Holy cow, it doesn’t get much better than that. No wonder it made such an impression on me as a 12-year-old. This is the same immediacy, violence, and sensory immersion that today’s moviemakers achieve with the help of modern CGI and kinetic editing -- and it’s in a pulp novel written a hundred years ago. You might snidely fault Burroughs for describing his hero as a “white man,” but surveying modern action movies, where the hero might be played by Denzel Washington or Idris Elba, but the villains are more likely than not to be Middle Eastern, Hispanic, Asian, or Slavic, can we say that popular entertainment is much more enlightened in 2014? Only a little more subtle about pandering to xenophobia.
It was instructive to go back recently and re-read the book with an adult perspective. It’s apparent that ERB was still honing his craft in his second hectic year as a professional writer. The build-up through the first two chapters is rather slow -- not dull, but there isn’t much in the way of action as characters are introduced and conflicts are foreshadowed. The middle portion moves at a good pace as the chase begins and ERB employs his frequent structure of cutting back and forth between different groups of characters. He leaves one group at the mercy of a cliffhanger as he suddenly transitions to parallel action by another group. Then, putting the next set of characters in danger from a different threat, he goes back to resolve the earlier cliffhanger.
The final three chapters downshift gears again as Burroughs resolves -- mostly through dialogue and exposition -- the two main characters’ romantic dilemma: although Virginia falls in love with Bulan, can they establish a relationship when he’s not only uncivilized by conventional standards, he’s not even human? The problem may still seem surprisingly compelling for today’s readers of romantic fantasy fiction, who worry that the teenage human girl will never get together with the teenage vampire boy. But today’s reader is likely to expect that the resolution will be better paced. Burroughs himself improved his story construction as he gained more experience and practice, so that the beginning, middle, and end all had plenty of action. The tradeoff was that, even if his later novels technically are more proficient, they largely lack the energy that charges “The Monster Men.”
Some readers believe that Burroughs cheated with the resolution he devised, but for me, not a problem. He plants a clue early on, and unlike today’s romantic readers who don’t care whether Edward is a vampire or Jacob is a werewolf, Burroughs surely knew what his 1913 escapist audience would accept and what they wouldn’t.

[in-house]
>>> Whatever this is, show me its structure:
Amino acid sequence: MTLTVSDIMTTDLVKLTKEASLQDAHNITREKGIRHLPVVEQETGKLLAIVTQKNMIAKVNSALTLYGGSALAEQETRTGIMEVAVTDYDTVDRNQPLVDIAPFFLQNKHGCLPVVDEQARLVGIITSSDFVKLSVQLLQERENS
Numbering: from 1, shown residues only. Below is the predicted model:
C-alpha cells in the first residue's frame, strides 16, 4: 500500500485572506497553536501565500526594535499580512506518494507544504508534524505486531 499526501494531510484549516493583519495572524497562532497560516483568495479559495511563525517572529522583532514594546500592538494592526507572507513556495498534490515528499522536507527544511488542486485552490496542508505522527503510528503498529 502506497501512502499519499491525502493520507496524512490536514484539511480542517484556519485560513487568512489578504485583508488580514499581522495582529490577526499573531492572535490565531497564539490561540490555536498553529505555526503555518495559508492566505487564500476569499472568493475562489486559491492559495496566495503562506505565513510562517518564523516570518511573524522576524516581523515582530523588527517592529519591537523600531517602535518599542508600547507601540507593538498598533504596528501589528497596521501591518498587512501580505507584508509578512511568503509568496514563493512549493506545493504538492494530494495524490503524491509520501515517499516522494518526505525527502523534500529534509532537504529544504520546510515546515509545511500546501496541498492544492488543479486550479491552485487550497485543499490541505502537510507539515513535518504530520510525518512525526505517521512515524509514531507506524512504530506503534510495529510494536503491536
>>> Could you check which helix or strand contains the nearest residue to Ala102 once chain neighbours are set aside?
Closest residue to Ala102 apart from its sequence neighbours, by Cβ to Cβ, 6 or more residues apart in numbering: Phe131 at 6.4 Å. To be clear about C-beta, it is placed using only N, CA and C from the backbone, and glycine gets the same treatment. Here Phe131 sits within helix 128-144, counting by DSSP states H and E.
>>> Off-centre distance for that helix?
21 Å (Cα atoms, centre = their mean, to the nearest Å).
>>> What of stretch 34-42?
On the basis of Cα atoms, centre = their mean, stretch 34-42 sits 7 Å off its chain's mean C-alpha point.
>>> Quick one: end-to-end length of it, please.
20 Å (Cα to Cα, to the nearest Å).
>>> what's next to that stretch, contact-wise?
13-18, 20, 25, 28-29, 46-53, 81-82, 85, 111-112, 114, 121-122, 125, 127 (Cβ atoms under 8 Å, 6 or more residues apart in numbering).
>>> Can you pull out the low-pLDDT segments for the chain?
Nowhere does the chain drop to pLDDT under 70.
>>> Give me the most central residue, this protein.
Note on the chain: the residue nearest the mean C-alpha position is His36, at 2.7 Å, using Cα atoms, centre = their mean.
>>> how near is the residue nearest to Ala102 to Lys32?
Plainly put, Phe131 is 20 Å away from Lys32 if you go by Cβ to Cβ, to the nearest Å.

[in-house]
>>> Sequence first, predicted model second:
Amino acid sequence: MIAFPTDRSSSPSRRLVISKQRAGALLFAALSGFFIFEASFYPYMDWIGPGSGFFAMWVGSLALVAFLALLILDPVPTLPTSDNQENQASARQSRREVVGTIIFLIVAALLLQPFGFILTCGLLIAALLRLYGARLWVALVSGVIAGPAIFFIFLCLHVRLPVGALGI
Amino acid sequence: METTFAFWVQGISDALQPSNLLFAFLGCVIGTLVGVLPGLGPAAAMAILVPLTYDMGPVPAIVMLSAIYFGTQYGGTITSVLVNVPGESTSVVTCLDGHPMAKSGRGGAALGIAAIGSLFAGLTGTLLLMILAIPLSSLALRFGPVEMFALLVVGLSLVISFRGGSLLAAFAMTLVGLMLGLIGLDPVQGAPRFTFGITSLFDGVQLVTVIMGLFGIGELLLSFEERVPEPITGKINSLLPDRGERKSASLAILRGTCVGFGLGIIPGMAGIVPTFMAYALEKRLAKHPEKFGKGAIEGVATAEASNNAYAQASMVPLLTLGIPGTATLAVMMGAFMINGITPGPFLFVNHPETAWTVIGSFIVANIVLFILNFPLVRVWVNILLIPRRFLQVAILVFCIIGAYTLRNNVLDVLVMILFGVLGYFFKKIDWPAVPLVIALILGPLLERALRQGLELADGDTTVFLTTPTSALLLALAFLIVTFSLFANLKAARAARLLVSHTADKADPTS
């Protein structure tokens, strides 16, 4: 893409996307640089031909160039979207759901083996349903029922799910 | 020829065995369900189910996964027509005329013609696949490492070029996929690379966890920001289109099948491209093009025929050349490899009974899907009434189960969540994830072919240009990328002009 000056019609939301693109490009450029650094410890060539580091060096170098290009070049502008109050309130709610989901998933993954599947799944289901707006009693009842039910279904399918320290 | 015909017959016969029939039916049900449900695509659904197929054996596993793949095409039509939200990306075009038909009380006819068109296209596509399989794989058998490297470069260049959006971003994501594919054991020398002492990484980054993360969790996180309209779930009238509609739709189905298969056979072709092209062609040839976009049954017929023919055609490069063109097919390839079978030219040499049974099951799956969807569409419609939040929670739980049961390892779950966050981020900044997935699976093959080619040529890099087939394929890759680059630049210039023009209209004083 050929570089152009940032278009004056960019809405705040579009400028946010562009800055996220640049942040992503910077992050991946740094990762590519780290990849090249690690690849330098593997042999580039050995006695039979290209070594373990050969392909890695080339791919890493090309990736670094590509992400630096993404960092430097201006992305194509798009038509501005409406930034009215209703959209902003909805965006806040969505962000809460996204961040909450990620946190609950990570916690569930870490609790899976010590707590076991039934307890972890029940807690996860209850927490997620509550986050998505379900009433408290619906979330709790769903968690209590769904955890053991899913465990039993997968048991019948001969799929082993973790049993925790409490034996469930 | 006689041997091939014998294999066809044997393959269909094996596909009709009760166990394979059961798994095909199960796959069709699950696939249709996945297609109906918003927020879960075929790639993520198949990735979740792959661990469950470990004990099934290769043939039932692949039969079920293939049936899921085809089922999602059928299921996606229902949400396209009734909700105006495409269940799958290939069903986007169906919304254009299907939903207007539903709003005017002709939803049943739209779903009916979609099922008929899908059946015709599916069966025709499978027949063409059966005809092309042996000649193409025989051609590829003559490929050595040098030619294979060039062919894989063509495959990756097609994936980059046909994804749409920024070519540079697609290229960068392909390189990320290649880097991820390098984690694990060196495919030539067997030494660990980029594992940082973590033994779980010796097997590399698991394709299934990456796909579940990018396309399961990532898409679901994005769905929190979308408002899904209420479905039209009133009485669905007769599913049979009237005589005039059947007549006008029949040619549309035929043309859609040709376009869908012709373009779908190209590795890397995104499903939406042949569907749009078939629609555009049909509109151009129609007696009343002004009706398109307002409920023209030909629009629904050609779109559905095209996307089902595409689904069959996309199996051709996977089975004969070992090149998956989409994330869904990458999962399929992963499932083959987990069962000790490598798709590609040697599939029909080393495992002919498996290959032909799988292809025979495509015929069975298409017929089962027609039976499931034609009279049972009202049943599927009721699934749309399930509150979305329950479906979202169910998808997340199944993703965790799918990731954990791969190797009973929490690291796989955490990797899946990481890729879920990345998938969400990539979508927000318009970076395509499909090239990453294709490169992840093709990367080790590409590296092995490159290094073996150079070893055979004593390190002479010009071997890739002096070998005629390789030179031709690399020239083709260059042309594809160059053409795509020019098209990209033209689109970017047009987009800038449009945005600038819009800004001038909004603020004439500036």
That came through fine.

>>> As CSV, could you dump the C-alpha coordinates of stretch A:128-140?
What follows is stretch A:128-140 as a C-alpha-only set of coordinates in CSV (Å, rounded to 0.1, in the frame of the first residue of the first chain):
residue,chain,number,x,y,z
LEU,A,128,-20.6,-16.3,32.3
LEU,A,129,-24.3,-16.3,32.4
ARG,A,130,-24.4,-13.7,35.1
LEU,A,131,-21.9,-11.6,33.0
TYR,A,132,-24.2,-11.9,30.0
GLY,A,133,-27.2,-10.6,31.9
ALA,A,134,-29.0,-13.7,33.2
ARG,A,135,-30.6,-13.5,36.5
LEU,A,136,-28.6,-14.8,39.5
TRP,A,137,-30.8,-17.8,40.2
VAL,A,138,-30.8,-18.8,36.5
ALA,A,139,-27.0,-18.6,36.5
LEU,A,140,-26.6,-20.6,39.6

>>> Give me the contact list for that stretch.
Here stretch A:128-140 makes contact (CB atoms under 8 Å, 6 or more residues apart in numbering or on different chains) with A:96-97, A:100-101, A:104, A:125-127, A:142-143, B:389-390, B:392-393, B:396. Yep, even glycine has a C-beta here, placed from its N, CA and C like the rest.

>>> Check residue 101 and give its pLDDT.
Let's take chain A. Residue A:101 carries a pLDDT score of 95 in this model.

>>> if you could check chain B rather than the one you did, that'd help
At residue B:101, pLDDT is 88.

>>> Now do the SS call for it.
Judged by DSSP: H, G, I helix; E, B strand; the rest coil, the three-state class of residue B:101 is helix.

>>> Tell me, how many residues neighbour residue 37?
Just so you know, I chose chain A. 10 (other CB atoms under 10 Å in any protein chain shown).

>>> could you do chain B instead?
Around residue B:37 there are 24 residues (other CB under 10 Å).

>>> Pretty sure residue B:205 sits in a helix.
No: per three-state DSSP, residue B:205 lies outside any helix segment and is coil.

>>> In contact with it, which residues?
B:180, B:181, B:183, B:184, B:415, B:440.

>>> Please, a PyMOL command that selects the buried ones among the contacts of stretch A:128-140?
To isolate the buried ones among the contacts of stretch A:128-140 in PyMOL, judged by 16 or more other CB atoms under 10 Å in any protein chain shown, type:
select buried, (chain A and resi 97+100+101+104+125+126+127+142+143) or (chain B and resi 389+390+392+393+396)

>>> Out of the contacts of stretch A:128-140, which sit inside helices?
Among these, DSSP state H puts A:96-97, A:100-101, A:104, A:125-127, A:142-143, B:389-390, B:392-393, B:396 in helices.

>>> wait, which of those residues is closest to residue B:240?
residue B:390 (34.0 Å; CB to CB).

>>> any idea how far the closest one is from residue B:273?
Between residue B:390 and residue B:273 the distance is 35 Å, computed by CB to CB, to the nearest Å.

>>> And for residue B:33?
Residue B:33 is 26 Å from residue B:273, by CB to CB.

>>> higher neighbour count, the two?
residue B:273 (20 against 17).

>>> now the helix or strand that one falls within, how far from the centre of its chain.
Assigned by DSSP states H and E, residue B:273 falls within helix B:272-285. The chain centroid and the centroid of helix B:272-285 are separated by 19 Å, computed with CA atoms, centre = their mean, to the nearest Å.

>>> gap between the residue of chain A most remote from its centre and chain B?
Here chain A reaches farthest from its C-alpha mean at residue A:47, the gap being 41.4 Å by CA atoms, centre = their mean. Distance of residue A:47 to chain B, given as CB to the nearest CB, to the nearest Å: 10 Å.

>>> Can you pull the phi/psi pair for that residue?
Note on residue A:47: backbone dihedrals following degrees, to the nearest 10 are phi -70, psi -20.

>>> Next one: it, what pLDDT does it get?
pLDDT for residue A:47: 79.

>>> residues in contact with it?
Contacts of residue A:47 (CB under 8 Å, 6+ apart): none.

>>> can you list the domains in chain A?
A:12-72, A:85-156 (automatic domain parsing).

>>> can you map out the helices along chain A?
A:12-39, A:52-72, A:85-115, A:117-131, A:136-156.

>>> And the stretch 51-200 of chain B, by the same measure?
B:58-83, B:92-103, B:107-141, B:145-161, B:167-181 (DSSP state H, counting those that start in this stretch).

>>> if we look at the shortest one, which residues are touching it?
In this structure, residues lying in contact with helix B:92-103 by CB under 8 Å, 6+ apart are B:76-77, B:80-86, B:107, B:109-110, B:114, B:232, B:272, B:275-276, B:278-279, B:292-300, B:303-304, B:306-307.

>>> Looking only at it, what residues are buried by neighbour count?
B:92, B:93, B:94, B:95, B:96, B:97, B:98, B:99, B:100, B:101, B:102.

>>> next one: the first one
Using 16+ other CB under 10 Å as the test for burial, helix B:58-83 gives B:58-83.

One of the characters is an excitable Chinese cook, Sing Lee, who talks in patois. ("Him live. Gettem lilee flesh wounds. Las all.") He turns out to be brave, resourceful, and shrewder than the white guys realize. Even at face value, he isn’t much more outrageous a caricature than the comic relief characters written by Chinese scriptwriters and broadly played by Chinese actors in Jackie Chan’s and Stephen Chow’s Hong Kong action comedies today.
Like Frankenstein’s monster, Maxon’s creations pathetically realize that they are outcasts. Instead of being enraged about their situation, like the creation in Mary Shelley’s allegorical novel, they are resigned to it: “it would be better were we to keep forever from the sight of men.” Here ERB anticipates Boris Karloff’s and James Whale’s sympathetic treatment in “The Bride of Frankenstein” (1935), in which the creature moans, “We belong dead” after he is spurned by his intended mate. In a weirdly kinky scene, the Monster Men decide they’re better off finding sexual partners among female orangutans (“I see a beautiful one yonder now. I am going after her”), provoking a bloody fight with the male apes. Burroughs lifted ideas from other writers, but they were usually the greats (Twain, Swift, Verne, Anthony Hope), and he rarely did so without giving them his own thoughtful inflection.
Burroughs apparently liked the basic premise of artificial life and used it again 25 years later in the ninth book in the John Carter series, “Synthetic Men of Mars.” That novel doesn’t get a lot of love from ERB fans like Richard Lupoff, but I think it’s one of Burroughs’ more inspired efforts. Going “The Monster Men” one better, the dashing hero undergoes a brain transplant so that he can infiltrate an enemy city and save his sweetheart; he spends most of the novel in the body of a lumbering, Quasimodo-ugly synthetic man, and wonders whether he’ll ever get back into his own body.
There are reports of a new Tarzan movie in the works. I wish they’d tackle “The Monster Men” instead. I suppose the failure of “John Carter” makes it unlikely that Hollywood will ever try an untested Burroughs character again, but maybe they could call it “Tarzan vs. Frankenstein on the Island of Dr. Moreau.”